Ensuring adequate reimbursement to health plans to meet the needs of the Medicaid population is important not only to ensure network adequacy, but also to ensure health plans continue to serve underserved markets. "Because of payment in Medicaid we have not been able to expand [a program that requires providers to treat the Medicaid population] throughout the state," said Steven ErkenBrack, president and CEO of Rocky Mountain Health Plans, headquartered in Grand Junction, Colo. ErkenBrack believes using global payment systems to encourage collaboration among providers will help, as will other efforts to bring together providers to figure out how to best meet the needs of the local population.
In the long run, accountable care organizations, which encourage collaboration between hospitals, physicians, and other providers, may also help. "Creating more integrated forms of care is certainly going to be a key part of the strategy to address the capacity issues and make things more efficient," said Peter Cunningham, director of quantitative research for the Center for Studying Health System Change.
The Pipeline: Graduate Medical Education
Many experts say the U.S. would benefit from revising the way it apportions medical residency slots to produce more primary care providers. Candice Chen, M.D., who in addition to her work on the Medical Education Futures Study is still a practicing pediatrician, said the U.S. might be better served by linking residency funding to community clinics and other outpatient settings that stress prevention, rather than inpatient facilities that promote acute care, as it now does. The Accountable Care Act sets aside $230 million each year for five years to start and expand teaching health centers, the community-based ambulatory care centers that operate residency training programs, but the appropriation of that money—like other forms of mandatory spending in the law—is being challenged in Congress.
Another strategy for encouraging physicians to work in underserved areas would be to change the admission criteria for medical students. "I would change the whole process [of admissions]," said David Nash, M.D., M.B.A., dean of the Jefferson School of Population Health at Thomas Jefferson University. At present, many medical schools rely heavily on Medical College Admission Test Scores and undergraduate records to select their students. The result is the administrators "reproduce in their own image," Nash said. While test scores and grades are still important, schools would benefit from considering non-science majors and those with training in analytical thinking for admission, he said.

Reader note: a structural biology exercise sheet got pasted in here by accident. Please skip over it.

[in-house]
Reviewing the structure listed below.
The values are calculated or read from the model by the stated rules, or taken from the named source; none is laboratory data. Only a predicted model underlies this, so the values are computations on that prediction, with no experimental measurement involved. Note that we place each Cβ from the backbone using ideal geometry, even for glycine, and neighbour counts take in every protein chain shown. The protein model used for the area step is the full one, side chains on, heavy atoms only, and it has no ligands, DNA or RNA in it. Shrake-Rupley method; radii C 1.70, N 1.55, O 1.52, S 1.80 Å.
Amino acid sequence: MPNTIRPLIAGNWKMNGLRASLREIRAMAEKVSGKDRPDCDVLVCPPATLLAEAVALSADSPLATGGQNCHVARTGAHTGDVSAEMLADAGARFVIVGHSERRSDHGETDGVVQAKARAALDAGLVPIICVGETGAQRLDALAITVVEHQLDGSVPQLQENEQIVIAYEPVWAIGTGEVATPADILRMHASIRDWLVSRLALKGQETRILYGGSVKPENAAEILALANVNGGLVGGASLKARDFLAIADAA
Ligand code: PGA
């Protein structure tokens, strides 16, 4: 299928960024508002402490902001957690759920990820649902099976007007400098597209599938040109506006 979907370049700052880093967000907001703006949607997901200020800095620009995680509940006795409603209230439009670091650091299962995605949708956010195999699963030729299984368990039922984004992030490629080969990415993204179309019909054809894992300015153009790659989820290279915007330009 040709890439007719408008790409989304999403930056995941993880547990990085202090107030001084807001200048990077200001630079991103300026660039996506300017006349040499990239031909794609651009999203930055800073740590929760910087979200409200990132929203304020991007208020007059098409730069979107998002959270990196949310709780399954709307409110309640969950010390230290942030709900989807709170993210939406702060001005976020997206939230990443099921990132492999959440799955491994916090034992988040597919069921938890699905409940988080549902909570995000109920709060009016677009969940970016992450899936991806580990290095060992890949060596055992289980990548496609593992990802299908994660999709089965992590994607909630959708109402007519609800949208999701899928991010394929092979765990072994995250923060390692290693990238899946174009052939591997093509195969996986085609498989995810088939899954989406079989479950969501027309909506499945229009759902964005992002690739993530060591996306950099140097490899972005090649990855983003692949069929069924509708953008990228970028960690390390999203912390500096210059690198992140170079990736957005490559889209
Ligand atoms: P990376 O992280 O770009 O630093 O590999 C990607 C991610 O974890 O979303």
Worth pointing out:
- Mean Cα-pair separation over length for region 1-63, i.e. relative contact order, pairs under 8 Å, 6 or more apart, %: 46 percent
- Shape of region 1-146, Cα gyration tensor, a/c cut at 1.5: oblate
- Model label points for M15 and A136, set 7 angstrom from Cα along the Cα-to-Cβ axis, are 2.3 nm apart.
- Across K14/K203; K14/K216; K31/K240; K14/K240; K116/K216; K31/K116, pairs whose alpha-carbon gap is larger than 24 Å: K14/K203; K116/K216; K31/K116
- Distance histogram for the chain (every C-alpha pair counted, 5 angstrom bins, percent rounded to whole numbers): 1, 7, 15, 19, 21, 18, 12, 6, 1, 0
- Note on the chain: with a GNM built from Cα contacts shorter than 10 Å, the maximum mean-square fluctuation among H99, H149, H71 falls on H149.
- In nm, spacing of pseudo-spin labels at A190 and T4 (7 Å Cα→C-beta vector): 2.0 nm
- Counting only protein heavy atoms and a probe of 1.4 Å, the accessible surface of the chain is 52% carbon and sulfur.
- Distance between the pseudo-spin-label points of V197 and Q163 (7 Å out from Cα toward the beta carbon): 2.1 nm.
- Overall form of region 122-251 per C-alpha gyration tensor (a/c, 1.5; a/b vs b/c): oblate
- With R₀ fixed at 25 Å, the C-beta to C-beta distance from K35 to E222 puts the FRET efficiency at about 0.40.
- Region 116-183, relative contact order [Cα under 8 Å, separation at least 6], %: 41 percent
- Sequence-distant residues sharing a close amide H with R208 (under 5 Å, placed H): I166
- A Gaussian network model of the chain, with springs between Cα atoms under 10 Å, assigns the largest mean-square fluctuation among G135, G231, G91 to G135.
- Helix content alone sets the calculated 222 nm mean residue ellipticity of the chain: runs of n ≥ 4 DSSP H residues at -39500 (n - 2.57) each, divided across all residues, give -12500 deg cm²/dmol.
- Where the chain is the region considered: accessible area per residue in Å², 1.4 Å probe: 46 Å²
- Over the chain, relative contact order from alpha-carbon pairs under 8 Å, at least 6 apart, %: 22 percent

Some educators believe market forces will also help. "Students are pretty good at reading the tea leaves. They have heard a signal that health care reimbursement and how we do health care is going to change," said Richard D. Krugman, M.D., dean of the University of Colorado School of Medicine and a member of the National Health Care Workforce Commission. "I am generally optimistic. I think people fill vacuums when they exist."
The 2011 National Resident Matching Program provided a promising sign in March. A report on the match program showed an 8 percent increase from last year in the number of medical students enrolling in an internal residency program, the second consecutive year that internal medicine enrollment has increased. While welcoming the news, the American College of Physicians cautioned that the percentage of graduates choosing to specialize in internal medicine in 2011 is the same as is was in 2007, and the total number of such students is down significantly from 1985 levels. This suggests it may take a combination of market forces, policy changes, and private sector innovation to solve the problem.